The longer our jobless recovery drags on, the more America's streets will fill with guys like Carl Gibson.
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Gibson, 24 years old, is smart, creative, college-educated -- and has nothing better to do than cause trouble for big companies.
"Banking corruption and corporate corruption is ruining our democracy," he says. "We're spending way too much on bailouts .. and wars. .. People are fed up. We don't have jobs. We're broke. We have to do something about it."
To Gibson, who grew up in Kentucky as the son of a Methodist minister, no company is sacred. Not even Apple (AAPL), maker of the iPhones, iPods and iPads that modern protesters rely upon.
A group Gibson co-founded, US Uncut, organized actions at Apple stores in several cities, from San Francisco to Boston, over the weekend.
Apple has joined the cavalry of corporations attempting to lobby their way out of billions in taxes at a time when the nation is more than $14 trillion in debt. Apple hasn't commented on any of US Uncut's actions, but its security personnel were busy escorting protesters out its doors Saturday.
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"We're transient," Gibson says of his generation. "We're going from job to job. We're just trying to hold on.
"We were raised with the belief that if you go to school, if you do what your parents say, if you eat your vegetables, play by the rules, and go to college, then you'll get your degree, and you'll get a job, and you'll be set.
"When we got into the real world, we found out that because of...greedy corporations, the banking crisis, and whatever, there are no jobs for us," he says. "A lot of young people are really disenchanted."
A government-financed recovery isn't so much producing jobs as a generation of youth who may soon storm the streets as youth do in Arab countries and in Europe, Gibson says. "This is a universal problem."
Gibson is 6 feet tall, 200 pounds and knows how to break up fights. After graduating college in 2009, he worked as a nightclub bouncer. On the gentler side, he plays drums in jazz bands. And he recently worked as a reporter for Mississippi Public Broadcasting, where he covered BP's (BP) oil spill.
The network fired him last summer for leaking an internal memo to friends at an alternative newspaper about his employer's decision to drop "Fresh Air," a show distributed by National Public Radio.
Yeah, he probably shouldn't have leaked that memo. But he says it showed his employer was violating its own censorship policies while telling the public a different story.
Such youthful idealism combined with a lack of suitable job prospects make Gibson a dangerous force. He is attracting similarly situated folks to a decentralized movement that already counts more than 23,000 "likes" on Facebook. He can organize protests and flash mobs with the push of a button.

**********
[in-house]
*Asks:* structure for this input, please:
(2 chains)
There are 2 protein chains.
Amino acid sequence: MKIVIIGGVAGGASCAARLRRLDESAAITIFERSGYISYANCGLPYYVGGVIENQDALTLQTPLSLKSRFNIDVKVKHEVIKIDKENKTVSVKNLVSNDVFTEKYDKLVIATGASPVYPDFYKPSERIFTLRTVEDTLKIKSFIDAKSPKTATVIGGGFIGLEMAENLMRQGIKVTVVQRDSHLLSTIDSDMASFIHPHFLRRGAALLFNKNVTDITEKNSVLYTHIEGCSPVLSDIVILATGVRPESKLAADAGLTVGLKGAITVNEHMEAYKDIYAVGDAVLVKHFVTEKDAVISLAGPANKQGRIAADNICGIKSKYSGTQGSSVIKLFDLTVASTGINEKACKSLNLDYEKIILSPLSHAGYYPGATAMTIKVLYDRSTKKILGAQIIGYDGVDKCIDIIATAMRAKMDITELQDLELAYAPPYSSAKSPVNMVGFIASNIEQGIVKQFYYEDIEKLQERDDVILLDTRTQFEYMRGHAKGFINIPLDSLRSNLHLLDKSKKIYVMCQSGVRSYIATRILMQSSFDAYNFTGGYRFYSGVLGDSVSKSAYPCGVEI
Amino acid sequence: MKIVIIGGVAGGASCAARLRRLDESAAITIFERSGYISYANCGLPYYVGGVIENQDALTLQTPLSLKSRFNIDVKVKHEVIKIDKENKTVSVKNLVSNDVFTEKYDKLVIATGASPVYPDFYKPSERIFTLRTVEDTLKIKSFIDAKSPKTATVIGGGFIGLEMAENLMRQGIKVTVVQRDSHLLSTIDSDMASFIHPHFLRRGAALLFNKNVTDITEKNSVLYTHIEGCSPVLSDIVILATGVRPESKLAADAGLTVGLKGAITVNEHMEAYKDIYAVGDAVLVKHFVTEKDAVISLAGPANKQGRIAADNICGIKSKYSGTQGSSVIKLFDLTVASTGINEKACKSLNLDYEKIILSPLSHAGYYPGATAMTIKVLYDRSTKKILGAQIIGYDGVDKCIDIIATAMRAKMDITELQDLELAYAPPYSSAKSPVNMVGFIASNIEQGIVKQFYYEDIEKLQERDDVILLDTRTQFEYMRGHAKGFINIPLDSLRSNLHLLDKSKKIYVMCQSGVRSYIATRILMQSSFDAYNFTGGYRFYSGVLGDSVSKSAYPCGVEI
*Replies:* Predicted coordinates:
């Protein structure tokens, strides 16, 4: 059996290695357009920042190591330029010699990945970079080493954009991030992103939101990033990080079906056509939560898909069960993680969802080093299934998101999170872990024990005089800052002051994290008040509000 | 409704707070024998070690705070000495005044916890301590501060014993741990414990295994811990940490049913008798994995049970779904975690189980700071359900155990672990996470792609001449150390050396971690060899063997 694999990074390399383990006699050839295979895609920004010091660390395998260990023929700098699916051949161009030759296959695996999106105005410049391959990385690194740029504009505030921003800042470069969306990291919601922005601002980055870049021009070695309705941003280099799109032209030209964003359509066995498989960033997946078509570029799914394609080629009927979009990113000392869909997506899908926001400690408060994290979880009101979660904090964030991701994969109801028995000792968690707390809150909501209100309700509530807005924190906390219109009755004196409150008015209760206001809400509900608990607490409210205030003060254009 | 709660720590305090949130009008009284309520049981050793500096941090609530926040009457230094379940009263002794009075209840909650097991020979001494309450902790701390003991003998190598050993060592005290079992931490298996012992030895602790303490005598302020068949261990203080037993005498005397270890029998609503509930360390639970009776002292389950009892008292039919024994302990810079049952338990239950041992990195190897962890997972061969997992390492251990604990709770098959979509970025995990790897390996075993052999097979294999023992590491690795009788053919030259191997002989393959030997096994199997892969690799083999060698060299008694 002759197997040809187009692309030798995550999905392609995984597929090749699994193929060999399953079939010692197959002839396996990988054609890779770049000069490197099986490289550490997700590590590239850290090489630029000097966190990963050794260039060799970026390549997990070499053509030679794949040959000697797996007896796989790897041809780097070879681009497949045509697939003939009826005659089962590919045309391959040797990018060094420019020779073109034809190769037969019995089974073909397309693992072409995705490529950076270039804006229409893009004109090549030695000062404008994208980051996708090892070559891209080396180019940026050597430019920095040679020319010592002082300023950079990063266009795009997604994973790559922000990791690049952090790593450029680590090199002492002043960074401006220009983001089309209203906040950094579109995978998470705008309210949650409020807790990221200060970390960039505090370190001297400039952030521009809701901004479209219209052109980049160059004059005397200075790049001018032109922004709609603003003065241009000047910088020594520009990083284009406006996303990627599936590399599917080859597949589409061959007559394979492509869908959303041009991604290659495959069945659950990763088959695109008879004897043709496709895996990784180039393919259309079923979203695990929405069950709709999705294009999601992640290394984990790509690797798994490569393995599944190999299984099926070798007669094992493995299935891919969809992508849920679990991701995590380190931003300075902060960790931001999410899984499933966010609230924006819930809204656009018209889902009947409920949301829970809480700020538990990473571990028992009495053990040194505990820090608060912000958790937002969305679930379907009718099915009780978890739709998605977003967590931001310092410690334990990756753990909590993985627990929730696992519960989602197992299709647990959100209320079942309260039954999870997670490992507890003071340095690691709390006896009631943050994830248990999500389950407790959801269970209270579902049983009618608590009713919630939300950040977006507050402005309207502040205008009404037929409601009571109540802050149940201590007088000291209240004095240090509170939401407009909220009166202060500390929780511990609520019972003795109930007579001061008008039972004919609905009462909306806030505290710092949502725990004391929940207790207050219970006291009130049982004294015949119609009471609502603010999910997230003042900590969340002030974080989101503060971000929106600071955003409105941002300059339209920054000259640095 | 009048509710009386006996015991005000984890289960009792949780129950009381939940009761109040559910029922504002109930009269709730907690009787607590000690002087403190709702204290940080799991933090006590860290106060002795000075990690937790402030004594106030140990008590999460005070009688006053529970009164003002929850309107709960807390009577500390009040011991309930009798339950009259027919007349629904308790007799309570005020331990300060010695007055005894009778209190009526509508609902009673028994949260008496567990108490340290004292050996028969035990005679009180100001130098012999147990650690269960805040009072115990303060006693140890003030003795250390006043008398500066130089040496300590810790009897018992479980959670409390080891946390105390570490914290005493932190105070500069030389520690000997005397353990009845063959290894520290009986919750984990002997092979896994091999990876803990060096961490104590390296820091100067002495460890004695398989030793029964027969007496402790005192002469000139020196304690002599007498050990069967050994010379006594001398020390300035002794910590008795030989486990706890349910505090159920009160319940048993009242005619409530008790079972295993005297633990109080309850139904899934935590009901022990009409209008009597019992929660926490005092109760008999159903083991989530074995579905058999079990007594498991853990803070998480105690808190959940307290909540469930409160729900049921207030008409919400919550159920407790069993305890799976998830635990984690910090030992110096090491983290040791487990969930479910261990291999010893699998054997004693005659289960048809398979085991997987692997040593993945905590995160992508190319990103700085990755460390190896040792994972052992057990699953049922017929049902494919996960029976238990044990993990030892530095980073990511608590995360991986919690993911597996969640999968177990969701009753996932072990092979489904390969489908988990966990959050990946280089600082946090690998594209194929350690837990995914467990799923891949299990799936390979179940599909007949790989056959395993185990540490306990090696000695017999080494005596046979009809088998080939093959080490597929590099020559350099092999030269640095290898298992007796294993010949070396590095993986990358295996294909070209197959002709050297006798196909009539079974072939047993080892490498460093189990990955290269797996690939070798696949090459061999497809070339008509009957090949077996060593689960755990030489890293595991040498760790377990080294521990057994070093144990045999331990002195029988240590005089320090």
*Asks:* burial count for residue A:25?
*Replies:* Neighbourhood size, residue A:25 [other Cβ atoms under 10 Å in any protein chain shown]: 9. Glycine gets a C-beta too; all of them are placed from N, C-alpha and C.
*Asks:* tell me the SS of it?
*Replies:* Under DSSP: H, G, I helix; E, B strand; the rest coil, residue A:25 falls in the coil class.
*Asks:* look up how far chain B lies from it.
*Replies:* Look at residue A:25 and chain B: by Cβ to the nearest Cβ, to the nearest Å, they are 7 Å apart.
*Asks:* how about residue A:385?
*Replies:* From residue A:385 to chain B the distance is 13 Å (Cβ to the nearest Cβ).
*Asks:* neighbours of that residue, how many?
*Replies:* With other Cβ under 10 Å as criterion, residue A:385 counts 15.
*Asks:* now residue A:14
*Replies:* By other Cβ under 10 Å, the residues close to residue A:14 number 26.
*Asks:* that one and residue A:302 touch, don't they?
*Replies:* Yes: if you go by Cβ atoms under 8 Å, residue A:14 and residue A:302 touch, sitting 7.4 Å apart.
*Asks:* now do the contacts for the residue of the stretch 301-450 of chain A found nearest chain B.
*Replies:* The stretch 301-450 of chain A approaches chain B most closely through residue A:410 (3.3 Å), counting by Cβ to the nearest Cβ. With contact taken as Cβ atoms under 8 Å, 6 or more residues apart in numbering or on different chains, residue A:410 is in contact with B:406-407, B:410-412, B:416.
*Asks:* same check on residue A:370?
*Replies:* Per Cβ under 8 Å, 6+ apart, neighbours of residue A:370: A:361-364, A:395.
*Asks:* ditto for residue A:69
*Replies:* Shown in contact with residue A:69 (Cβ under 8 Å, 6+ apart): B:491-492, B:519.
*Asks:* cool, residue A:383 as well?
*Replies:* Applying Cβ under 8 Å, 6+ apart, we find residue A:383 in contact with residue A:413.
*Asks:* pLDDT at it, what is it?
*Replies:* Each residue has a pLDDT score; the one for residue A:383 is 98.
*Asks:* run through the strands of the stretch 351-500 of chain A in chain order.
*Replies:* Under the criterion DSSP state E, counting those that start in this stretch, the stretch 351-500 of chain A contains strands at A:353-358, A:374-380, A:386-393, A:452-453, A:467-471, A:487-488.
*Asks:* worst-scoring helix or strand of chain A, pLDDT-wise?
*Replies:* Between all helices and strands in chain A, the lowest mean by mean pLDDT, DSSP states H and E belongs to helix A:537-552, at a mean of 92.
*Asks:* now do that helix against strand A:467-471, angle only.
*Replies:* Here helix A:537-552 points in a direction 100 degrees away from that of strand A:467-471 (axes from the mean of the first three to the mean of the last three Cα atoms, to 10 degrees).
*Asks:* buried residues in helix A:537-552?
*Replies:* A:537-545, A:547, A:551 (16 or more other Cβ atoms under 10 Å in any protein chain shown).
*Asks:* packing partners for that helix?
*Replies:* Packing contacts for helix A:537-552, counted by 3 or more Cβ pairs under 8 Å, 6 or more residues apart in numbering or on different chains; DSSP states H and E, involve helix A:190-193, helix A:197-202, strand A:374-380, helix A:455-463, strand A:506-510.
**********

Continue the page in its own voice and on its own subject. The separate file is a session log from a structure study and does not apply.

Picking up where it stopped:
It went after Apple for its support of the "Win America Campaign." Companies backing the campaign -- including Cisco (CSCO), Duke Energy (DUK), Microsoft (MSFT), Eastman Kodak (EK), Oracle (ORCL), Pfizer (PFE) and Qualcomm (QCOM) -- want to bring home $1 trillion they have stashed overseas without having to pay hefty taxes. The group's proposals would save Apple $4 billion, according to US Uncut's calculations.
Gibson doubts another big tax break is going to inspire any of these companies to improve employment.
"These corporations are earning record profits right now, and they aren't using that money to hire people," he says.
"At a time when jobs are being outsourced overseas, when corporations are claiming tax havens as their international headquarters -- whether it's a mail drop in the Cayman Islands or a post-office box in Ireland -- you have to look at whether these American corporations are being responsible American citizens.
"Taxes shouldn't be seen as something a corporation is obligated to avoid at any cost," he says. "Taxation should be seen as an investment in your country."
Still, corporate taxation remains a complicated issue, and it's not easy mobilizing people to protest Apple.
"We took a lot of flack from the Apple fan base," Gibson concedes. "There was actually a study...that said when...fans of Apple products hear that word, religious emotions are triggered in their brain."
US Uncut counters with something that has worked since the 1960s: rock 'n roll. The group produced a music video from a small "dance-in" at an Apple store in Washington D.C. over the weekend. It's worth a watch at http://www.usuncut.org/actions/513#report-184).
"We're calling on Apple to be the socially responsible corporation they claim to be, and jump off this campaign," Gibson says.
Isn't technology wonderful? It can even be turned against technology companies.
"We will 'out-cool' Apple," Gibson says.
(Al's Emporium, written by Dow Jones Newswires columnist Al Lewis, offers commentary and analysis on a wide range of business subjects through an unconventional perspective. Contact Al at firstname.lastname@example.org or tellittoal.com)